Since Chris and Jerry are back to religion, I’m reminded of my first foray into into the blogosphere in early 2007 when I discussed the topic. A subsequent storm of comments raged on for weeks over several posts. Initial argument persisted over terminology, but ultimately the conversation eroded into an inquisition over what I personally believe instead of a productive dialogue on science and religion. These days I don’t typically explore the relationship here because it mainly serves as sport and spectacle on the blogs. Still, Chris’ post today inspired me to look back at the words I wrote during my first week at The Intersection–re-posted after the fold. Upon reading again, I see that though my writing style has changed over the years, the point is just as relevant now…
Several folks have emailed asking why I’ve yet to write about RELIGION. Simply put, what I believe is that faith has no place in science. Will someone please stand up and explain the circular argument, the rhetoric, the tomfoolery and fiddlesticks that is the age old debate on how these two worlds converge? Convince me, and I’m ready and waiting at my laptop to jump in.
I admit I’m no expert here. Although I studied religion as a Classics major, my perspectives are predominantly influenced by an inundation of our own cultural norms, societal movements, American education, and the art of Groening and MacFarlane. Regardless, I don’t think a true savant could possibly exist on the topic given that belief is just that: FAITH. It need not be proven nor understood by anyone other than the individual holding it. What is fascinating to consider in the discussion is how religion currently shapes life on this planet with arguably every bit as much force as the biological processes driving evolution, adaptation, and extinction.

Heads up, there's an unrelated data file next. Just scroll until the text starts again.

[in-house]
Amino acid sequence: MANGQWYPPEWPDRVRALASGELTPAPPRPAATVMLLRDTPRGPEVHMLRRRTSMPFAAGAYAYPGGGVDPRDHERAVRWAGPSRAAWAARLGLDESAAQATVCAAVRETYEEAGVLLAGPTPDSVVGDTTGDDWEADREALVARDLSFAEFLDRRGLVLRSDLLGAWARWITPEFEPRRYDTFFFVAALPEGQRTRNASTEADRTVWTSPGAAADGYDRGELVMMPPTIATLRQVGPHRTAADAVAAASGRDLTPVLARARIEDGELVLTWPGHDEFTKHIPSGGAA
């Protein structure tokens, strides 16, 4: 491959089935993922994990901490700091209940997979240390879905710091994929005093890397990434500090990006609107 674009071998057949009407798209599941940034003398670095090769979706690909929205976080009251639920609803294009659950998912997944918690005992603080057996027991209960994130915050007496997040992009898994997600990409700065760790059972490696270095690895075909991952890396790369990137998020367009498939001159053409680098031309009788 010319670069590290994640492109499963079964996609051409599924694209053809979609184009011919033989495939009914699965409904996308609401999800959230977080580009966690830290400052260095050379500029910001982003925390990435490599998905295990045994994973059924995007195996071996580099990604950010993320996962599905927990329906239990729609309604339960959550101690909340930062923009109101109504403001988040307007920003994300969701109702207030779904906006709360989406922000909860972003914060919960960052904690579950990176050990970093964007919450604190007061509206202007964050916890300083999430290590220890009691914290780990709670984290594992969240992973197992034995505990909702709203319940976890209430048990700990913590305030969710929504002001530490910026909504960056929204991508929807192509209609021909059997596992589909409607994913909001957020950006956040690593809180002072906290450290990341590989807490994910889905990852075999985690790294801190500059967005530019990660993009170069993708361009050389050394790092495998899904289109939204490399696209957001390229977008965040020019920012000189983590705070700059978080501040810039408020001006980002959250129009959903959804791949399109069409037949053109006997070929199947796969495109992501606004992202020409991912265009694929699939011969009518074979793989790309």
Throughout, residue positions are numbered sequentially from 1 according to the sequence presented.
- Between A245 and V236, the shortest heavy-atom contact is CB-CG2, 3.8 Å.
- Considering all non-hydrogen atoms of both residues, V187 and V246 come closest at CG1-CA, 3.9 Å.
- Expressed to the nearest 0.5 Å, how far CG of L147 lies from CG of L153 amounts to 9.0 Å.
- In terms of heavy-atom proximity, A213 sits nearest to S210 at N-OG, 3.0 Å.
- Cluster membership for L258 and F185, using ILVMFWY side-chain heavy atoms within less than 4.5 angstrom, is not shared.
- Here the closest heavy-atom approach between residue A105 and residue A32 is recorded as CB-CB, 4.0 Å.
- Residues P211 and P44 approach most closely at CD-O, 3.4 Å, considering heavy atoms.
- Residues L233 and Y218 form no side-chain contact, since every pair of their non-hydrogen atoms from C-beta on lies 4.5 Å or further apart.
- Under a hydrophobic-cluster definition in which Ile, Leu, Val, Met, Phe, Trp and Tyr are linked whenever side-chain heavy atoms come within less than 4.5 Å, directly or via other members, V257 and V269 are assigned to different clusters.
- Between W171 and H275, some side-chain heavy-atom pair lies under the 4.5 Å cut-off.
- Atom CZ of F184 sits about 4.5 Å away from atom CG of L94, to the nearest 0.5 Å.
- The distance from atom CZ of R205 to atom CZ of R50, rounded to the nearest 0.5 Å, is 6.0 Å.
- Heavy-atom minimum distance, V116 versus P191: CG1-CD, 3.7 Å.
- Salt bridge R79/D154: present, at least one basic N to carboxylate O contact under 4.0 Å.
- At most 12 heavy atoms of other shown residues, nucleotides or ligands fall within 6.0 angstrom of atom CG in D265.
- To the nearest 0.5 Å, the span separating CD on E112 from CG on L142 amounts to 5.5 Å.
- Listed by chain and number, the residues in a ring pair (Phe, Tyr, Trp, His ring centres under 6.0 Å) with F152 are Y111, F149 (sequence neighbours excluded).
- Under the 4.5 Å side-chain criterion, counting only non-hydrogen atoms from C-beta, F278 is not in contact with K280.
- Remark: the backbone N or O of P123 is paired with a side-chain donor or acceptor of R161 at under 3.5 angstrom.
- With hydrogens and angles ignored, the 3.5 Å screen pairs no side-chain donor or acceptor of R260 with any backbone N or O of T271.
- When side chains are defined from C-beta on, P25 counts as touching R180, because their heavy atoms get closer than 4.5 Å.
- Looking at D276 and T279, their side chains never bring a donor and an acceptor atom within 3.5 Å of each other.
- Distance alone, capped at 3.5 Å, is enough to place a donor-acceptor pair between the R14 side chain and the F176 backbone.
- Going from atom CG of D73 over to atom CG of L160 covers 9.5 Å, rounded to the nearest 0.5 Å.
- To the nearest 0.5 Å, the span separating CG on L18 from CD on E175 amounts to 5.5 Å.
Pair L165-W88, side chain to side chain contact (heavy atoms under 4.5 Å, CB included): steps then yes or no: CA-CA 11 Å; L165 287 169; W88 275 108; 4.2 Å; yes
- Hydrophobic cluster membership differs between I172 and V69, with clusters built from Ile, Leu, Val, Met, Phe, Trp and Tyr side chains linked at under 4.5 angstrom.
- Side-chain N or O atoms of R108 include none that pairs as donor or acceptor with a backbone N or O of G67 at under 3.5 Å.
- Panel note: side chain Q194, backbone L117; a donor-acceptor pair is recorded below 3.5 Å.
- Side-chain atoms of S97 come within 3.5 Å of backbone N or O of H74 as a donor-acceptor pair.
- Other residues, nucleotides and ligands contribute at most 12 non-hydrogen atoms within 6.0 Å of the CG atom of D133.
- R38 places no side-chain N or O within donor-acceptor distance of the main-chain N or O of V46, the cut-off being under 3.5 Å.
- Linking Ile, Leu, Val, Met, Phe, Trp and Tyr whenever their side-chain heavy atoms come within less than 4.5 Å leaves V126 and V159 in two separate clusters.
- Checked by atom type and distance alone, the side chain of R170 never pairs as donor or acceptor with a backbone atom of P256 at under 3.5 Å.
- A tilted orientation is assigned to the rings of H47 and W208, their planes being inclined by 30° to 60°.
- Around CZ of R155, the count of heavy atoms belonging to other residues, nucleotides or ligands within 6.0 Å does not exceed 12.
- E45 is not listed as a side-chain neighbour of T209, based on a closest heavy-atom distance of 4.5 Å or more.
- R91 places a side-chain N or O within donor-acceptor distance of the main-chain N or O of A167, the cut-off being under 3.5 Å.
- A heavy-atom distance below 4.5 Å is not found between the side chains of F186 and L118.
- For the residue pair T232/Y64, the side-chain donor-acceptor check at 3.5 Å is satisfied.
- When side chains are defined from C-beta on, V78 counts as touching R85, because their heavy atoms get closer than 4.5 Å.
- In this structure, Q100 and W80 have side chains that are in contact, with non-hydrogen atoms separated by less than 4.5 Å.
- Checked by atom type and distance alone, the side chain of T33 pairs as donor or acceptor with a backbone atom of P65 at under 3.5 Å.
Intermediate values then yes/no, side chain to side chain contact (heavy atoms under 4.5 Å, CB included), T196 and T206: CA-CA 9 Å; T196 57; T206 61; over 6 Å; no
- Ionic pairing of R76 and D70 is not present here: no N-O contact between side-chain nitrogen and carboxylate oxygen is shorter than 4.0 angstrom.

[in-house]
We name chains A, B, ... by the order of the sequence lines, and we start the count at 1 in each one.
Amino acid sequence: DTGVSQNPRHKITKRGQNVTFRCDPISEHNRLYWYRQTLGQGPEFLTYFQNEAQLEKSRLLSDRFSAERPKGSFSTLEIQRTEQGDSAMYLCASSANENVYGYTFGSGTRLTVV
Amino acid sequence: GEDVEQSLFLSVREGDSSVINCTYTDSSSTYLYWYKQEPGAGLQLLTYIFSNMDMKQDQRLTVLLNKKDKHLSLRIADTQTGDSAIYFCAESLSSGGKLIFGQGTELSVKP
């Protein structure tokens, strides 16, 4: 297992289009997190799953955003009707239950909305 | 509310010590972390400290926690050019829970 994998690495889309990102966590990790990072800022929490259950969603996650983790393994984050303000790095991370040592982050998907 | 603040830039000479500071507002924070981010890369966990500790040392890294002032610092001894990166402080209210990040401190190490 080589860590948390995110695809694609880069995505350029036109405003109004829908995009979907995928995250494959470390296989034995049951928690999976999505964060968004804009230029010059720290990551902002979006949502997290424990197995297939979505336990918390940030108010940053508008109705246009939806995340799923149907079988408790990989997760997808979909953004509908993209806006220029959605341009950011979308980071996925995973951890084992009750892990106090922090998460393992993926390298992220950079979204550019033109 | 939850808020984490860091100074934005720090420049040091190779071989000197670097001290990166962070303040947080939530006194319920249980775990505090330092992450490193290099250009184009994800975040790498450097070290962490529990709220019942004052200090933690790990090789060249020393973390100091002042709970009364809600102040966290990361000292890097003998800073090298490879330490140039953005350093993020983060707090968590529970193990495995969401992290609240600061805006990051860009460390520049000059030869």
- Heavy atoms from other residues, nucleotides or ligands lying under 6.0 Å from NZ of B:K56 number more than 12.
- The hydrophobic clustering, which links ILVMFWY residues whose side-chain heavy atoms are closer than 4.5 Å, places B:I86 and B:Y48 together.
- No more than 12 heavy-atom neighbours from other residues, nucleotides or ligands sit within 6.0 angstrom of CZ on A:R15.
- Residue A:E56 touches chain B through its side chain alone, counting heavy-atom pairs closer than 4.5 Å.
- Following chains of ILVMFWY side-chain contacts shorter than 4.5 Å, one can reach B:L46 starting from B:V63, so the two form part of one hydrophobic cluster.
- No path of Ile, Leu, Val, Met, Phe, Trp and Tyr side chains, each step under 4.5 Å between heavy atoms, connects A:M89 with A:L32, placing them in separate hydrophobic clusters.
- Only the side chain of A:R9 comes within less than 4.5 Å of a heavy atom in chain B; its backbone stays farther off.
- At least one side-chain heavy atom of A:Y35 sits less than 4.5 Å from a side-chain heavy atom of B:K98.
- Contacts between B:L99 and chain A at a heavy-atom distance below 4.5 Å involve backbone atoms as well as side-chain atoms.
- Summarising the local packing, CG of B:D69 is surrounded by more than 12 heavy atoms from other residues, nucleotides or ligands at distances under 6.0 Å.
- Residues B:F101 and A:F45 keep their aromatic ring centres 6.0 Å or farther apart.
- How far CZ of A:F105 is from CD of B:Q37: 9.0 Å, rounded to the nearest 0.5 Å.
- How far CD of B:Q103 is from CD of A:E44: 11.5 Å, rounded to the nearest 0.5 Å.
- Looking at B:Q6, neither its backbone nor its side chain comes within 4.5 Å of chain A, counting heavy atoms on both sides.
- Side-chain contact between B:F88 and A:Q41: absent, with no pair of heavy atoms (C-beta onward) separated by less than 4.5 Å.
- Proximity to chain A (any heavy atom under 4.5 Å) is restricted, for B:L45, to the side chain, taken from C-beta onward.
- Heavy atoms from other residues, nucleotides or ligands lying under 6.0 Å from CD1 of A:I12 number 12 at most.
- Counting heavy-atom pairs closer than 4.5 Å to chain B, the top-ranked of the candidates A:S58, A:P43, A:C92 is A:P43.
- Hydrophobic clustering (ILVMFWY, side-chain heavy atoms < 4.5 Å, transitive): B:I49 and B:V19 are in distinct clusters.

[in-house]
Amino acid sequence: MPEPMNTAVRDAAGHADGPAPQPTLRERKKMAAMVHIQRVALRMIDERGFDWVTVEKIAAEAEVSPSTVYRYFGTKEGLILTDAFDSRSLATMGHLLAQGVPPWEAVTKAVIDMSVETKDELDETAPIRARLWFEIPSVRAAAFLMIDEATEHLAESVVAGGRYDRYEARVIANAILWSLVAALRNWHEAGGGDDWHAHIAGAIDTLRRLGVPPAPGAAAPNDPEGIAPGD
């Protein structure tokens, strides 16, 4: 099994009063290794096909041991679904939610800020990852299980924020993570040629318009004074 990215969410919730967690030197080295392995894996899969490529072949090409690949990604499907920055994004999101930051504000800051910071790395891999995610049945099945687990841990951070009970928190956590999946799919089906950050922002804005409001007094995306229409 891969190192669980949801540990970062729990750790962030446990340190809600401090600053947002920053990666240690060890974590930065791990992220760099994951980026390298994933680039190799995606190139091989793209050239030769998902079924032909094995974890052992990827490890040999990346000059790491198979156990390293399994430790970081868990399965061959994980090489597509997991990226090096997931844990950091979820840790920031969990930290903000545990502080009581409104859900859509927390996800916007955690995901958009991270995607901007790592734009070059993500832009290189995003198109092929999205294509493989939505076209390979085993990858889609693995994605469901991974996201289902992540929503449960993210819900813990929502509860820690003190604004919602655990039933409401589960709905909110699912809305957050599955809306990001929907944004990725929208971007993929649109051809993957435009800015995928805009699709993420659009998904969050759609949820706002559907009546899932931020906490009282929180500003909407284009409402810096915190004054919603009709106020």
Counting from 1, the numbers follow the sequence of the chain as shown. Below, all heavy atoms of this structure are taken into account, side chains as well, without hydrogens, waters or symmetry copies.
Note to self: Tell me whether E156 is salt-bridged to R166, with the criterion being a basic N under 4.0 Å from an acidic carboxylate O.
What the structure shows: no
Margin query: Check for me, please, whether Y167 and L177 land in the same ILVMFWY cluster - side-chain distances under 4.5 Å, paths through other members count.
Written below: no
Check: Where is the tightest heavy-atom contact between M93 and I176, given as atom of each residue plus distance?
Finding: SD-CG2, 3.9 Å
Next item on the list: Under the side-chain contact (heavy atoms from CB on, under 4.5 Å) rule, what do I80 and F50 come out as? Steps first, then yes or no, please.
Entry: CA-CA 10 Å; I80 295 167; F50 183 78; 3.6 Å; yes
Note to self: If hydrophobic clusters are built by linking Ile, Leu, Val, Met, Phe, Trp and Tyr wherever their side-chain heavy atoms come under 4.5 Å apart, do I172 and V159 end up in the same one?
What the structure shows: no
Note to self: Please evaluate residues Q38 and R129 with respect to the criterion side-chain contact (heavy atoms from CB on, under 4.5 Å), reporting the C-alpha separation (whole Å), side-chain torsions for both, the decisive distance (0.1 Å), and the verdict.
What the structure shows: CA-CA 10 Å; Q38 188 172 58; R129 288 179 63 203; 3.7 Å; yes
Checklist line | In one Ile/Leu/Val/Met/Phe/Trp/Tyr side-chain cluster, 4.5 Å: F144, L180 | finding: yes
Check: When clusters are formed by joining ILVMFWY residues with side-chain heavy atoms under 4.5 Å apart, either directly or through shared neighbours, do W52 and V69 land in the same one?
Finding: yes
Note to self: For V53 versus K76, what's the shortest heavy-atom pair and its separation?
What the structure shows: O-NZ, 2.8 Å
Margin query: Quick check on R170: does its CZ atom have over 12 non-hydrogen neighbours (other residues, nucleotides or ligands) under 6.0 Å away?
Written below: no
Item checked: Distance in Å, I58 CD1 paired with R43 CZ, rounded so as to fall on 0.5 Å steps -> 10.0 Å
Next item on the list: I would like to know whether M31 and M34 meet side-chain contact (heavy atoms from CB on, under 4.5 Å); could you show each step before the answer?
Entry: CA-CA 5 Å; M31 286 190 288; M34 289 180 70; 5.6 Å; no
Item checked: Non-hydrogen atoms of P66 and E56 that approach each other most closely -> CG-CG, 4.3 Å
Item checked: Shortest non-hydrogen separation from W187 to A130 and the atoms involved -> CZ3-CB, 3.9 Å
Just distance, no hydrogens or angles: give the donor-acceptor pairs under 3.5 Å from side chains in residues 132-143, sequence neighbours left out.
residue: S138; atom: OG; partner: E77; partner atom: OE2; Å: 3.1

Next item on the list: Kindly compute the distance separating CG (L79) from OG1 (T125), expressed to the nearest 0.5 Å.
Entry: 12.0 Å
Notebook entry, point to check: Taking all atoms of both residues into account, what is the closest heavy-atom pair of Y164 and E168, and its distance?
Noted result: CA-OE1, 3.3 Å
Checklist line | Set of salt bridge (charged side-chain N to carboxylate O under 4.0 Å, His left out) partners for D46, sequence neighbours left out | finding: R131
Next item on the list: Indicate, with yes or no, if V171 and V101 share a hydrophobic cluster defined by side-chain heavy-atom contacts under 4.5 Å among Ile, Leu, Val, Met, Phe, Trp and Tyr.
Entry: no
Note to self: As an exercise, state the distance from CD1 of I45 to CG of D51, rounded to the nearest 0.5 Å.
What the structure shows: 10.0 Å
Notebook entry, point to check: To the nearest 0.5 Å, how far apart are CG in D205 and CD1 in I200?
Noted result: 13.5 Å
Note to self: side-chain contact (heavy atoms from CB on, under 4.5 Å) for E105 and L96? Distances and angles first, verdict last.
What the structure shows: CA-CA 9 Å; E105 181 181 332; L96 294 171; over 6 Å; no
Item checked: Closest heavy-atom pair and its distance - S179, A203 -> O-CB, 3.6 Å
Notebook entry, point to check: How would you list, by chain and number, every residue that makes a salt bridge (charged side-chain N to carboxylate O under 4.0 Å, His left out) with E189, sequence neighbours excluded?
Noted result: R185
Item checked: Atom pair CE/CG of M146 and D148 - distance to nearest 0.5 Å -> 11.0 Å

Sometimes I wonder whether my interest in Complex Adaptive Systems theory could be considered a religious undertaking. I’m certain it’s possible to argue so. Carl Sagan and I are both intrigued by π and whether meaningful significance may be hidden within the sequence. Along the same lines, when I look to nature and consider derivable patterns in branching trees and dendrites, migration processes, fish and flock behavior, and symbiotic relationships evolving over time, I’m left feeling as if there’s something to all this math. Detecting observable order out of chaos begs the questions: 1) Is the universe ‘constructed’ so that it ascribes to specified geometrical axioms? 2) If so, do these relationships result in early trajectories forward? 3) If single points of origin determine where we came from, are they concurrently acting upon where we are headed?
It’s certainly starting to sound as if I’m invoking that old ‘intelligent watchmaker’ analogy, doesn’t it? I’m not. In fact, I’m choosing to refrain from touching on my beliefs or lack there of altogether. It’s of no significance here or in science.
What I know for sure is that no matter what you believe, invoking the “F” word [by pitting science and religion against one other] often provides justification for nearly 99% of the planet to tune you out. Regardless of evidence you think you have, it’s a loosing battle as soon as you threaten someone’s fundamental beliefs. Instead, our responsibility in this field is to engage everyone to think for them self, ask why, and be open to explore new ideas. Scientist need not equate with Godlessness. Period.